Claim your free pro lab prints before April 6!

Claim your free pro lab prints before April 6!

Print to Prove It, in partnership with One Vision Imaging and FUJIFILM

Claim your free pro lab prints before April 6!

The team at IGPOTY have joined forces with FUJIFILM and the UK’s finest professional photographic laboratory One Vision Imaging to offer you (3) FREE 10 x 8 or 12 x 8” prints in their print to prove it campaign. You simply pay the postage.

Every IGPOTY member can each claim three free 10 x 8” or 12 x8” prints on either Lustre or Gloss with the print to prove it campaign. Your images will be printed on FUJI’s DP11 Professional paper for FREE; you simply pay for the posting and packing. To claim your free prints and discover the unprecedented quality for yourself, simply upload your images to the website, follow the online instructions and when prompted enter the voucher code PPIGPOTY19 when prompted. Then it's simply a case of waiting for your prints to drop through your letterbox. Get ready to marvel at the cost-effective quality.

This offer is available until April 6 2019 and only one order of three prints may be made per household. For full terms and conditions and to order, please visit www.onevisionimaging.com

Why settle for second best, when high-quality printing might just be more affordable than you think!

 

Black & White Photo Project

Black & White Photo Project

Enter now

© Polina Plotnikova

Black & White Photo Project

Competition 12

Competition 12

See the winners now!

Photography by Kathleen Furey

Competition 12

Plants and Planet

Plants and Planet

New category for IGPOTY 13

Photography by Dennis Frates

Plants and Planet

Plants and Planet is a new main competition category that recognises and raises awareness of the many environmental challenges facing plant life, in particular, climate change.

The title is a reference to the 1974 work, Plant and Planet, by Anthony Huxley, who said: “In the final analysis, man, be he botanist, gardener, or plain Homo sapiens, is utterly dependent on plants.”

This massive global issue is due to affect every living thing on earth and plants will play a significant, if not the most significant role in the story of climate change.

Not only can they help ameliorate some of the problems we are due to face in the next century, such as food supply, carbon capture and urban air pollution they will also face existential threats.

Botanic Gardens Conservation International lists temperature effects, rainfall and other factors such as a changing soil type and herbivory (consumption of plants by animals) as current issues. There are also many more future potential effects on species with long life cycles or slow dispersal periods, isolated species, coastal species and increased invasions by alien species.

Images can, therefore, depict a plant or area facing a current or future threat. And the list of threats is severe, particularly when coupled with other human factors such as a growing population and economic drivers.

In the spirit of Huxley’s final analysis, this category encourages documentation of plants affected by the above as well as a celebration of how they are used to mitigate the consequences of climate change and other environmental problems.

This includes any initiative which uses plants in this way, from local tree planting schemes to wider environmental projects.

It is important to capture both sides of this story and both have the ability to find new and exciting ways of engaging with climate change and environmental pressures. How are plants helping the planet and in what ways are they at risk?

Images should inspire others to action. Where there is creativity, community and passion, solutions can always be found to our problems and photography can help us arrive at the answers.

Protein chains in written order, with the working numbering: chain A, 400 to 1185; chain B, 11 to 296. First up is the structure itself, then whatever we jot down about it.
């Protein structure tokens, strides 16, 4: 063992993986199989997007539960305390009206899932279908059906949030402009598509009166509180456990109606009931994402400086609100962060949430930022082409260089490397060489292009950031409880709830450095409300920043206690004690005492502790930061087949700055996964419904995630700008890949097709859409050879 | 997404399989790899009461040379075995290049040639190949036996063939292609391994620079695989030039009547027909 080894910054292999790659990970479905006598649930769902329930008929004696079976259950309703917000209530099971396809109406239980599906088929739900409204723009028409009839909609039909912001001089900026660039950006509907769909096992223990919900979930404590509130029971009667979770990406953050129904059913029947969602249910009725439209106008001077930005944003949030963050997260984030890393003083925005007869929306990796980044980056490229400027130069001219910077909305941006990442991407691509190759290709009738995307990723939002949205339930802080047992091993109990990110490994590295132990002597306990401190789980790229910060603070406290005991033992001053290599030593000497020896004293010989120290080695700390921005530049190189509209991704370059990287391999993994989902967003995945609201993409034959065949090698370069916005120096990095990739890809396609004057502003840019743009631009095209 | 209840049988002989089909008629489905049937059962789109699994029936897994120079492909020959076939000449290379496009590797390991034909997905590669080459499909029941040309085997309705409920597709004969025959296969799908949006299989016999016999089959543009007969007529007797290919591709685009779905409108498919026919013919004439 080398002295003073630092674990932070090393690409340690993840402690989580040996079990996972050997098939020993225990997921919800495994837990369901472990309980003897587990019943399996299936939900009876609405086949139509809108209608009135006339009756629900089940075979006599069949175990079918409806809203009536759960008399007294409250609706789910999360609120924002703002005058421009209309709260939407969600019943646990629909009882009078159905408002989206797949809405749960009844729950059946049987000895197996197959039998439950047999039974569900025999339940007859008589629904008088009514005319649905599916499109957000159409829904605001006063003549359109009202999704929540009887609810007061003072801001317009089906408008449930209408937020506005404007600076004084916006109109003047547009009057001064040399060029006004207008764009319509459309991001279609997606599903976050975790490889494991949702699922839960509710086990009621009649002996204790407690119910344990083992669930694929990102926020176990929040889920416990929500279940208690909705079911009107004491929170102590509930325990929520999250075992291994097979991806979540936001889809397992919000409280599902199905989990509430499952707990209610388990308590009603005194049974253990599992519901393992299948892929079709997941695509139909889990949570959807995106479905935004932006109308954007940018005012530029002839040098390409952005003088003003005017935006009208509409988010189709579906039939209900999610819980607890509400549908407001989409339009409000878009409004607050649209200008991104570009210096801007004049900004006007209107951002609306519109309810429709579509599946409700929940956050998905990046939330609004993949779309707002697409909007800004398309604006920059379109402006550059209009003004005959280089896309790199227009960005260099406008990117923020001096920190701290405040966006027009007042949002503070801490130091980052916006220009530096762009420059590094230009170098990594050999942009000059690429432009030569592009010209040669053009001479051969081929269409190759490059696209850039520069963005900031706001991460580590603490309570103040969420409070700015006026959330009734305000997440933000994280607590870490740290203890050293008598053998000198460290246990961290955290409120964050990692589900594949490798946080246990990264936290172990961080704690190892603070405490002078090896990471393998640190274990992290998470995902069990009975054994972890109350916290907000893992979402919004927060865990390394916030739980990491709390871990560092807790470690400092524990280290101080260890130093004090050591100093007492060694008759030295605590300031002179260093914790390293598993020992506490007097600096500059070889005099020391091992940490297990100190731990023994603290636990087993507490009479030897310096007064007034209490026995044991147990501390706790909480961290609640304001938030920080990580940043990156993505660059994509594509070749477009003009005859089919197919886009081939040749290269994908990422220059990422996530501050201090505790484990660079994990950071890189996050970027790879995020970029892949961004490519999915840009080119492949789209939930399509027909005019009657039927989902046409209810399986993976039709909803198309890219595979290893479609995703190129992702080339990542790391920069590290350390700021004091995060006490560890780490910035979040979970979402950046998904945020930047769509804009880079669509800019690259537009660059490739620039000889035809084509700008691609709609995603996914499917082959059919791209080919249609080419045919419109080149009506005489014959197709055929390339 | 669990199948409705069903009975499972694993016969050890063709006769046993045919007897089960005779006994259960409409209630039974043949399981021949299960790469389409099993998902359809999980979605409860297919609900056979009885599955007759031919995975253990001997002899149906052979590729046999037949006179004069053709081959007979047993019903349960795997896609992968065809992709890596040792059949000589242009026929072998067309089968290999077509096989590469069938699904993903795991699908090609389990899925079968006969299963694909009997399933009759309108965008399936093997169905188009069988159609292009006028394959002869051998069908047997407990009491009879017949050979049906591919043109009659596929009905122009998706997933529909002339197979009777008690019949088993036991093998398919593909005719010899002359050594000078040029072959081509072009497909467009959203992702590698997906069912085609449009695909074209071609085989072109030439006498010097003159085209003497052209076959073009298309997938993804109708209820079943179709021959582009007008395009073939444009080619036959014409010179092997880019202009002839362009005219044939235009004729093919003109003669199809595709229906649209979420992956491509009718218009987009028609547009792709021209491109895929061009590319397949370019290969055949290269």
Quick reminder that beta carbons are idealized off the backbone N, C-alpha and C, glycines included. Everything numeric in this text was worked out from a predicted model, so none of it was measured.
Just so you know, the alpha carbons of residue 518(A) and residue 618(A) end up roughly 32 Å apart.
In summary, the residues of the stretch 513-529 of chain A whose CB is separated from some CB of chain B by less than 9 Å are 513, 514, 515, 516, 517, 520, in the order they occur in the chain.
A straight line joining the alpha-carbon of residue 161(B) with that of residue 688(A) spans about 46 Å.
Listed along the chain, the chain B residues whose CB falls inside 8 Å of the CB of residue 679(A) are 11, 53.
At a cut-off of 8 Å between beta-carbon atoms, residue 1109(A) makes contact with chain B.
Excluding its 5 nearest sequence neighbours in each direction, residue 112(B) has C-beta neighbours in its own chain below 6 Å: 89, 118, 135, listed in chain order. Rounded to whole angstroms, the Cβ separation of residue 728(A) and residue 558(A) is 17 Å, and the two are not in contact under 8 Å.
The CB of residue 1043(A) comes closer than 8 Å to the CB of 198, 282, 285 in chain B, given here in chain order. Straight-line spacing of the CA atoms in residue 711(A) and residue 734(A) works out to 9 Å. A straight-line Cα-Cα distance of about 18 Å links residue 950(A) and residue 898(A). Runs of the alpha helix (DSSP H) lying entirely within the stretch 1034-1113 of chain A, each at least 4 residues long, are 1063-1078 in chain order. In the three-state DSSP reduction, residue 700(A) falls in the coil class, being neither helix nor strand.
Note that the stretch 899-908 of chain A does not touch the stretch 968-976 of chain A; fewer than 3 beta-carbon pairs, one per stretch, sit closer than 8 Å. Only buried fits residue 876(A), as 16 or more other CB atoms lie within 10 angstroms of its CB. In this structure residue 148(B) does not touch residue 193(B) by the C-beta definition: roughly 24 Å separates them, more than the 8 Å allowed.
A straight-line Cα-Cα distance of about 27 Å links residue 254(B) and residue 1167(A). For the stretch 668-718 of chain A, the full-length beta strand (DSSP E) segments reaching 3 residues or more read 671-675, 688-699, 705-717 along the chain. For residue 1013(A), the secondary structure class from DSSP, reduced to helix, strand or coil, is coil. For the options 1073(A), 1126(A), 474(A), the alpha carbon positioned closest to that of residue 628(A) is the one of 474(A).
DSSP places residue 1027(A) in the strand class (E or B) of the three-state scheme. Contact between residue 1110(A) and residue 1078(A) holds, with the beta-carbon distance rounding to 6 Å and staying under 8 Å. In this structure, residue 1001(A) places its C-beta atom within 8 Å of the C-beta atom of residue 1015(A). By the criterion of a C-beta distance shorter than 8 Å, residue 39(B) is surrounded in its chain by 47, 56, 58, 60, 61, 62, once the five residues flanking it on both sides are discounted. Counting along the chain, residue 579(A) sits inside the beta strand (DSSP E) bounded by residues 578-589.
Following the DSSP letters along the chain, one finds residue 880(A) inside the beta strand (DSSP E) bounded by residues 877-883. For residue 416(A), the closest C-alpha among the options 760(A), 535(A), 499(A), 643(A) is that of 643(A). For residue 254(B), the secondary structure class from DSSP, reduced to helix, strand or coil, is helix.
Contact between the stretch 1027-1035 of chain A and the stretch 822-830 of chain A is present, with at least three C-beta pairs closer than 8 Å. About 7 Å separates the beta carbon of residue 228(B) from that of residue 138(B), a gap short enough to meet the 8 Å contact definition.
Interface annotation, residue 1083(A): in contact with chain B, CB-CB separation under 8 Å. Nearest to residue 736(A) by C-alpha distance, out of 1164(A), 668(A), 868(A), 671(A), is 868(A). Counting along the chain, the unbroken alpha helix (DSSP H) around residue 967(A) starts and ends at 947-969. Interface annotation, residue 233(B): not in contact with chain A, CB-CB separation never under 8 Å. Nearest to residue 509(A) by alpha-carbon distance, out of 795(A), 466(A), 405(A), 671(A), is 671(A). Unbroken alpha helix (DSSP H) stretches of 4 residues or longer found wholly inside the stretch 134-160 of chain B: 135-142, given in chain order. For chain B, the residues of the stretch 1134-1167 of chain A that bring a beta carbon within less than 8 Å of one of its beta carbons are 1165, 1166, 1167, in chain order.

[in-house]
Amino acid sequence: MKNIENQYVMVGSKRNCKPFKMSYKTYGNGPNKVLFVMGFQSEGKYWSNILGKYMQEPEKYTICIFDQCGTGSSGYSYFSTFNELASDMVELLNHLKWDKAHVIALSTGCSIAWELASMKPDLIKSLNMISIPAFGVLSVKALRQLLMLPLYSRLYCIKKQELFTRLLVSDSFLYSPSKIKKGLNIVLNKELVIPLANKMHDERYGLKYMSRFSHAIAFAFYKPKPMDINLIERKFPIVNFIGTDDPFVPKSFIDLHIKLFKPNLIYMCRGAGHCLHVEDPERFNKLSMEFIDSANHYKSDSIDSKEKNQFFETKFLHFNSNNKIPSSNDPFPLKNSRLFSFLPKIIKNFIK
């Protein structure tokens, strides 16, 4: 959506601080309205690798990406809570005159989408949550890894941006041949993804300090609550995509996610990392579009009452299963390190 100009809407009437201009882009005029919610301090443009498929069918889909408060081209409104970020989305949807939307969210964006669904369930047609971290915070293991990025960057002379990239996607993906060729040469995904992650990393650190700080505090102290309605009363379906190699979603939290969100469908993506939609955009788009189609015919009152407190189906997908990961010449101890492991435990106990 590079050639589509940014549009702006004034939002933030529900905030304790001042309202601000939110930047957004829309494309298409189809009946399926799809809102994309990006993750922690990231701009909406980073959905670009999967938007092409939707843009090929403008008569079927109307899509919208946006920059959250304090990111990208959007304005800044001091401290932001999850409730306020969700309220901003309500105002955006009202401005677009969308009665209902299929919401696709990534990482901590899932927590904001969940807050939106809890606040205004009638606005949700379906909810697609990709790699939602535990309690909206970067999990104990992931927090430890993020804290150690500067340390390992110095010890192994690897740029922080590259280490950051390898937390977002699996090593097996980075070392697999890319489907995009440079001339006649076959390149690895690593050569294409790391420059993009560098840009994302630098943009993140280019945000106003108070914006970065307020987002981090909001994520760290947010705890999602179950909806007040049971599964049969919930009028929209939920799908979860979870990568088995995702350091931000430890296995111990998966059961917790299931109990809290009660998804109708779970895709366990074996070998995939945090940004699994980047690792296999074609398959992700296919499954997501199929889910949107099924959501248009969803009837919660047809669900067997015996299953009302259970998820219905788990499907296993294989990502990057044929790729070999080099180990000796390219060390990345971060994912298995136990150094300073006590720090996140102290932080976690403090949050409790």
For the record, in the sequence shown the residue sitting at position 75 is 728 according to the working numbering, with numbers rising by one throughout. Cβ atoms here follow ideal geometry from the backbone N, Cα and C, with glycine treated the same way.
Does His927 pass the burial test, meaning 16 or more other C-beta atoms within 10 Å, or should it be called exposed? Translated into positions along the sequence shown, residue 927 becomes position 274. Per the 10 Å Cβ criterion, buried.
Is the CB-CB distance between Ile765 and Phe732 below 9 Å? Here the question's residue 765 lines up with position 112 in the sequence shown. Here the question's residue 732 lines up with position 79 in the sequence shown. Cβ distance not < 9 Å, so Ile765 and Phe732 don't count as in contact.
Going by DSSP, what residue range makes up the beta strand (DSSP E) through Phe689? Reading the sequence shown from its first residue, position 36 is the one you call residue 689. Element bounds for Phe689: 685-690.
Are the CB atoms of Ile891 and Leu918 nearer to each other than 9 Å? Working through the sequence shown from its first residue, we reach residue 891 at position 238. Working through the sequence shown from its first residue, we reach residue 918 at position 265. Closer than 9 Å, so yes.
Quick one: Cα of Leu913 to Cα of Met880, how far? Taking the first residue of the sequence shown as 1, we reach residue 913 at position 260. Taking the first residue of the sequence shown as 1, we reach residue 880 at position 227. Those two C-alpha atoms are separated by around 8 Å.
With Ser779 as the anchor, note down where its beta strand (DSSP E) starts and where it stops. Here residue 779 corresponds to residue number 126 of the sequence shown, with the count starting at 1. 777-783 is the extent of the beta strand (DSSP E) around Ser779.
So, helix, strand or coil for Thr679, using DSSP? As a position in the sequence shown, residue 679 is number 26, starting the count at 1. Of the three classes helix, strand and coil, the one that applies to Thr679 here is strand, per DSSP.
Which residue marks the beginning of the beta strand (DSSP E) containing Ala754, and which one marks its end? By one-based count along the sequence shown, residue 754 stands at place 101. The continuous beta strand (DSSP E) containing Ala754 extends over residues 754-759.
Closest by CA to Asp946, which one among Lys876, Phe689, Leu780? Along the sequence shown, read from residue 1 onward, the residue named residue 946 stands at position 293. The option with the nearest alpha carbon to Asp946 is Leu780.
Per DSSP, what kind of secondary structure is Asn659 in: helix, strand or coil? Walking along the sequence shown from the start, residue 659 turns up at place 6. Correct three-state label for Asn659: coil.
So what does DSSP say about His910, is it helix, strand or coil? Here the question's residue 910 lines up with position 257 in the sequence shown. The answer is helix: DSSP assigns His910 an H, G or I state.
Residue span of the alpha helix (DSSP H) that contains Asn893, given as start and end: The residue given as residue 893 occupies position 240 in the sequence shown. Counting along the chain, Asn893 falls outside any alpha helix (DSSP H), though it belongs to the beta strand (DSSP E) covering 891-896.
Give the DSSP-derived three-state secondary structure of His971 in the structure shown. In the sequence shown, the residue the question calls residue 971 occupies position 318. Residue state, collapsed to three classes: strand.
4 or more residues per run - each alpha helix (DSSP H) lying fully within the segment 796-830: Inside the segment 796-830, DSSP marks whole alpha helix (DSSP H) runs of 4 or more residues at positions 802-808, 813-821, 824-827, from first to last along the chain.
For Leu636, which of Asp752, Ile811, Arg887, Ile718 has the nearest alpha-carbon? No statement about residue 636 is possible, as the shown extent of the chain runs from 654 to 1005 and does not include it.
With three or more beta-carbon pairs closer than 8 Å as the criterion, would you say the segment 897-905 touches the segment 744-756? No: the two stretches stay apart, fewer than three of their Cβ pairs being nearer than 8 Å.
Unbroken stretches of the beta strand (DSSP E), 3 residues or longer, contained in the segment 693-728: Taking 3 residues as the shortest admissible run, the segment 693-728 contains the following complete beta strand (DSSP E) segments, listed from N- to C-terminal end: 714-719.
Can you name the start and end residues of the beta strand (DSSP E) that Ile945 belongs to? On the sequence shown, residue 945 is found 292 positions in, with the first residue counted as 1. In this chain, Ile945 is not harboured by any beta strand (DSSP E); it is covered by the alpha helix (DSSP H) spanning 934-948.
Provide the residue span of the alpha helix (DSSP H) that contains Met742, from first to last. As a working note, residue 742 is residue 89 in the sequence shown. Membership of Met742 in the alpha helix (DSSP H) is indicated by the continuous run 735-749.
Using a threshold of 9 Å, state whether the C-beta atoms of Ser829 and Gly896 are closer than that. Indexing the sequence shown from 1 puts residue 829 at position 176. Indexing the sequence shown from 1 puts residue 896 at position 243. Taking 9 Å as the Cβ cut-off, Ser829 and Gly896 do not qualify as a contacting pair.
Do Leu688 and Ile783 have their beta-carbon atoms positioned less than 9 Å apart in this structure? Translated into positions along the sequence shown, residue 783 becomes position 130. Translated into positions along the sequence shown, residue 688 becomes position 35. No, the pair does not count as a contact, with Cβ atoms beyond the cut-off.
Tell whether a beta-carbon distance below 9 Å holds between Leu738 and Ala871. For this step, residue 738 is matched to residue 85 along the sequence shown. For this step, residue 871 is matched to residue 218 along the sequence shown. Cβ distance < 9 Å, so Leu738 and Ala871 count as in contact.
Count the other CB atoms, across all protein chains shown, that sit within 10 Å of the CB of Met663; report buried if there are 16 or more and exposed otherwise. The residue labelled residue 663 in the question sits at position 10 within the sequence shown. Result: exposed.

Enter from Feb 12 2019.

-- special category prizes to be announced --

Discover the Majesty of Nature’s Garden

Discover the Majesty of Nature's Garden

Photography by Paula Cooper

Discover the Majesty of Nature's Garden

Since the end of the competition on October 31 we've been hard at work in preparation for our annual launch exhibition held in the Nash Conservatory at Royal Botanic Gardens, Kew. This not only involves everything competition and exhibition related but also the publication of our very special book, which we can't wait to reveal on February 8 when it goes on sale.

It's a busy but extremely rewarding period for us, when everything comes together in celebration of the work of photographers from around the world. And this year continues to explore new and inspirational ways of communicating the beauty and importance of plant life through photography. You don't want to miss this.

The exhibition will be open to the public on February 9. Expect to see winning images from nine main categories: Abstract Views, Beautiful Gardens, Breathing Spaces, Greening the City, The Beauty of Plants, The Bountiful Earth, Trees, Woods & Forests, Wildflower Landscapes and Wildlife in the Garden plus images from Young Garden Photographer of the Year, three Photo Projects and three special awards including Captured at Kew and Celebrating Our Oaks.

As we approach the exhibition launch date it's important to reflect on the meaning of what we're doing and why this photography matters. Dr. Paul Wilkin, Acting Director of Science at Kew Gardens, kindly provided the introduction to our book this year and his words capture the scope of both the mission and our relationship with nature:

"Each of the images compiled in IGPOTY Book 12 is a stunning testament to the beauty of the world’s biodiversity and its roles in human life, from the most basic, such as provision of food, to the heights of our aesthetic, cultural and spiritual experiences..."

The depth of this relationship is profound, and we hope this year's exhibition helps tell this story better than ever before.

--

The exhibition at Kew Gardens will run from February 9-March 10 2019. Fore more information visit Kew's website here.

The winners of Competition 12 will be made live on the IGPOTY website from February 8.

New Photo Project for IGPOTY 13

New Photo Project for IGPOTY 13

Square Crop

Echinacea by Nigel Burkitt

New Photo Project for IGPOTY 13

For 2019 we have the Square Crop Photo Challenge returning as a permanent fixture to our calendar as it takes its place as the fourth Photo Project.

The Photo Project will run from September 1 - October 1 2019 and will have a first place prize of £500.